Bamboo Carving Hall
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A unique category of art in China, bamboo carving was first seen in the Warring States before it bred decorative motifs in the Western Han dynasty. After a full growth through the Tang, Song and Yuan dynasties, this art achieved maturity. During the mid and late Ming period, bamboo carving was integrated to the other four literati’s accomplishments, namely poetry, calligraphy, painting and seals, and thus became a high-brow art reflecting refined tastes. The Ming and Qing dynasties saw the boom of bamboo carving. Bamboo carving objects functioned as display objects on literati’s desks in their study, reflecting their refined feelings, aesthetic tastes, morality, and thoughts. During the late Qing to the Republic of China, with the social evolution and the rise of epigraphy, many artists and seal carvers were involved in the activity of carving bamboo, and thus emerged the widely-known fan ribs as an important form of bamboo art.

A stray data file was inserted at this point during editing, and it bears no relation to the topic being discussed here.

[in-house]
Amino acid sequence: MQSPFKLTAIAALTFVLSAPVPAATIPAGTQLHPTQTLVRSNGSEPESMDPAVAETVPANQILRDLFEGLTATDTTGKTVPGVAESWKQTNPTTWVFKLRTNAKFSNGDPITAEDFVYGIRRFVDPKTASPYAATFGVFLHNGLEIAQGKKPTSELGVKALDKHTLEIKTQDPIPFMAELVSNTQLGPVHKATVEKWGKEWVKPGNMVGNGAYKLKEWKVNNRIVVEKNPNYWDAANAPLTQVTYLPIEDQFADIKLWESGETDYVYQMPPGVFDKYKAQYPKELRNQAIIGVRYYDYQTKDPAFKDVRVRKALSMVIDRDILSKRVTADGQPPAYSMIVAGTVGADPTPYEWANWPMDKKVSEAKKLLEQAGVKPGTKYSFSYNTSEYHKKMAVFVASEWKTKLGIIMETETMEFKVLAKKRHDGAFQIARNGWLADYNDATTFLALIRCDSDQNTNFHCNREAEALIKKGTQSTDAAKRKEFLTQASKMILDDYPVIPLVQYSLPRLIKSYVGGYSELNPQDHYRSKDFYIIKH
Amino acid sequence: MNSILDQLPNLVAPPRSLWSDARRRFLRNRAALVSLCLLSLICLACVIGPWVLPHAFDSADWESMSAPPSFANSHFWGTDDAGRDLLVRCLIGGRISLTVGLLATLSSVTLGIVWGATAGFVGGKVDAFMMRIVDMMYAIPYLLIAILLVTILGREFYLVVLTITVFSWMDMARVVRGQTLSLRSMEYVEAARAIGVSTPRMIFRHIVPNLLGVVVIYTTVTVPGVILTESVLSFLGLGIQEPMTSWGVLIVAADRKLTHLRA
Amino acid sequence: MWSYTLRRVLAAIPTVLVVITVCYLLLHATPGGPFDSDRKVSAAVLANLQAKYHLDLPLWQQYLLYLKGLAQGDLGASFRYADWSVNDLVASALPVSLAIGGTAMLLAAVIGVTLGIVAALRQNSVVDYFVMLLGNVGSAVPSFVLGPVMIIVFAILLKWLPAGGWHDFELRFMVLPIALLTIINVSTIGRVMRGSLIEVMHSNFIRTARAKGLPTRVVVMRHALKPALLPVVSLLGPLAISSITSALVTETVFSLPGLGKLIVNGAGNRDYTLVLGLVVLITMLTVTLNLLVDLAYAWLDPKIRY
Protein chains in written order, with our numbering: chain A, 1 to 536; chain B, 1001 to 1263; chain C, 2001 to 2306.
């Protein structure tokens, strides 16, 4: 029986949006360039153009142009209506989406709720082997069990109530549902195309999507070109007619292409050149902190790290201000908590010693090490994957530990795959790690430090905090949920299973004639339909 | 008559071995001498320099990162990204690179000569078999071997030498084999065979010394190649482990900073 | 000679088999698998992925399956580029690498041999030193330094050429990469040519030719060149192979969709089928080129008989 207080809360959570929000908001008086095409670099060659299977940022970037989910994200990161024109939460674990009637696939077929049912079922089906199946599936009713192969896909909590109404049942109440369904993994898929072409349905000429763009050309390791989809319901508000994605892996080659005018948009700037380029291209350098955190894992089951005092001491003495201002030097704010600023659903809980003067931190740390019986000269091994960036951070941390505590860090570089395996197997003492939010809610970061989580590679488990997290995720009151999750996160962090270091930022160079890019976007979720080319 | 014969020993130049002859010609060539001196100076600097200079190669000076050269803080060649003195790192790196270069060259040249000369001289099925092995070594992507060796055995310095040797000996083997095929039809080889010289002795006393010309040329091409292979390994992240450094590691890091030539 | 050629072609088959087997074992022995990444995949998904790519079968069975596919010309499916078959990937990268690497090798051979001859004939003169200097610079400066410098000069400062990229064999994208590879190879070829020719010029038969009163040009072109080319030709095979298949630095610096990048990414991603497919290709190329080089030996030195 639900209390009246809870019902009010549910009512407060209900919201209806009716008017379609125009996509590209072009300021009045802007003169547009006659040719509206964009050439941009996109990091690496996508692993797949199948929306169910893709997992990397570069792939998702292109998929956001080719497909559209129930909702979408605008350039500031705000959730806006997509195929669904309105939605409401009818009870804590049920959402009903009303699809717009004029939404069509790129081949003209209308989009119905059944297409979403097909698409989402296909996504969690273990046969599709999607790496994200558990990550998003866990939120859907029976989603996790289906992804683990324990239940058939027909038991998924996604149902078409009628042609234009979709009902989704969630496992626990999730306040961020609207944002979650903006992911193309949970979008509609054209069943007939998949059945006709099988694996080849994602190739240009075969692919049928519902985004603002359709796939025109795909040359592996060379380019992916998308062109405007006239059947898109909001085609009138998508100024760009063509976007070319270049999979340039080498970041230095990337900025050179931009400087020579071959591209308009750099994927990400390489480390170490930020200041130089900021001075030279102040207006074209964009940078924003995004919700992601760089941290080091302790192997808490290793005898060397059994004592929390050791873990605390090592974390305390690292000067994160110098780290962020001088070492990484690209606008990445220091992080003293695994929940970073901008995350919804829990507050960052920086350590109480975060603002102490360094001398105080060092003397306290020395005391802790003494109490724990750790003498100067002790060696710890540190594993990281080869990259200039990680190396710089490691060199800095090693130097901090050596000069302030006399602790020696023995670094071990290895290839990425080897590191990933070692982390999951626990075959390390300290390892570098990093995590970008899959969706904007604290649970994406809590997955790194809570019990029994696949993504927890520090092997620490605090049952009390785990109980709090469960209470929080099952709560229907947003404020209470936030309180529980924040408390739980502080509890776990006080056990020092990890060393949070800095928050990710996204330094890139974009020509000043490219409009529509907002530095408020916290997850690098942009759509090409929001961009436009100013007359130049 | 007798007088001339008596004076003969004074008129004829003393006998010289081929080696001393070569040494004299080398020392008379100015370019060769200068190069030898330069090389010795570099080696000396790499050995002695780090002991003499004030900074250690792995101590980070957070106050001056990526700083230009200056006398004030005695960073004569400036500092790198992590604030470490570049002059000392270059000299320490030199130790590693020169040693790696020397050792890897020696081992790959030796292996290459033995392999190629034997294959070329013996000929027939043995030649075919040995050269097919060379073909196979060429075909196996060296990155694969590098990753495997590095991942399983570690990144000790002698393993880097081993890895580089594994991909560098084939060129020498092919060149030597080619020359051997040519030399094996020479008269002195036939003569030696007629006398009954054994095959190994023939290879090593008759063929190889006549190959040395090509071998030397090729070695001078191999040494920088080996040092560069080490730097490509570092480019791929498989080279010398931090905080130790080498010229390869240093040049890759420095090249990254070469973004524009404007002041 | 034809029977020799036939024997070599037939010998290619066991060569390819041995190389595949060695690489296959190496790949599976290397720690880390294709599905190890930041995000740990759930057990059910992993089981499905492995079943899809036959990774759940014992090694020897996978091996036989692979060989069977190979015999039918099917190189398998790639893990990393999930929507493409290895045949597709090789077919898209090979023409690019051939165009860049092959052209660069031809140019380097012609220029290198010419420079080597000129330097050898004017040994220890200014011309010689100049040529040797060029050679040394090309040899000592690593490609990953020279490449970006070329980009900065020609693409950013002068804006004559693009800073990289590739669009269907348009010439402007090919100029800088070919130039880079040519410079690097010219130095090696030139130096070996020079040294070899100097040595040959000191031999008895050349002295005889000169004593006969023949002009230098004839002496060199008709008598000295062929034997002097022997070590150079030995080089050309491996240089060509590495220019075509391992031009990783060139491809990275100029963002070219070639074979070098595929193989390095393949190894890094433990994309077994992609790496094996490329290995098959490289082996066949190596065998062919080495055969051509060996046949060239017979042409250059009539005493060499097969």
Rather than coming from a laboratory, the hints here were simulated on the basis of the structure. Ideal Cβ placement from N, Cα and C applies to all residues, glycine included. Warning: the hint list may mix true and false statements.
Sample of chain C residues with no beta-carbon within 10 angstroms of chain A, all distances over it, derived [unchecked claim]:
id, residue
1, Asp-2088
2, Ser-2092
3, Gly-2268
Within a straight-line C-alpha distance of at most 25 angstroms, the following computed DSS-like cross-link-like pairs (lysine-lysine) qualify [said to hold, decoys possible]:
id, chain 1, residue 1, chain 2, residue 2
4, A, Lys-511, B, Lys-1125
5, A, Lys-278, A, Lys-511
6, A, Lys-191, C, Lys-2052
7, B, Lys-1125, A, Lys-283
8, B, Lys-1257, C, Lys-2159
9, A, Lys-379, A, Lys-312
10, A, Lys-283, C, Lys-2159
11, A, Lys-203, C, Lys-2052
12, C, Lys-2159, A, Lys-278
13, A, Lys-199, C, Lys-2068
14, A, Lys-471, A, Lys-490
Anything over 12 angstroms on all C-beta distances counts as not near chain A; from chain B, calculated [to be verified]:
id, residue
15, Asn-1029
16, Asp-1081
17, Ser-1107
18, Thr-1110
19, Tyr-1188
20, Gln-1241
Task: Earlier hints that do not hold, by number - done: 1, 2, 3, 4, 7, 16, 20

Works displayed in this exhibition are the collection from Mr. Qin Kangxiang, a famous bamboo carving connoisseur and seal carver. This collection was kindly donated to the State by his son Mr. Qin Bingnian in 2001, which is deemed by the cultural heritage specialists Mr. Wang Shixiang and Mr. Zhu Jiajin “the most important bamboo carving collection extant in China and is definitely ranked top level of its kind whether judged by quality and quantity .”

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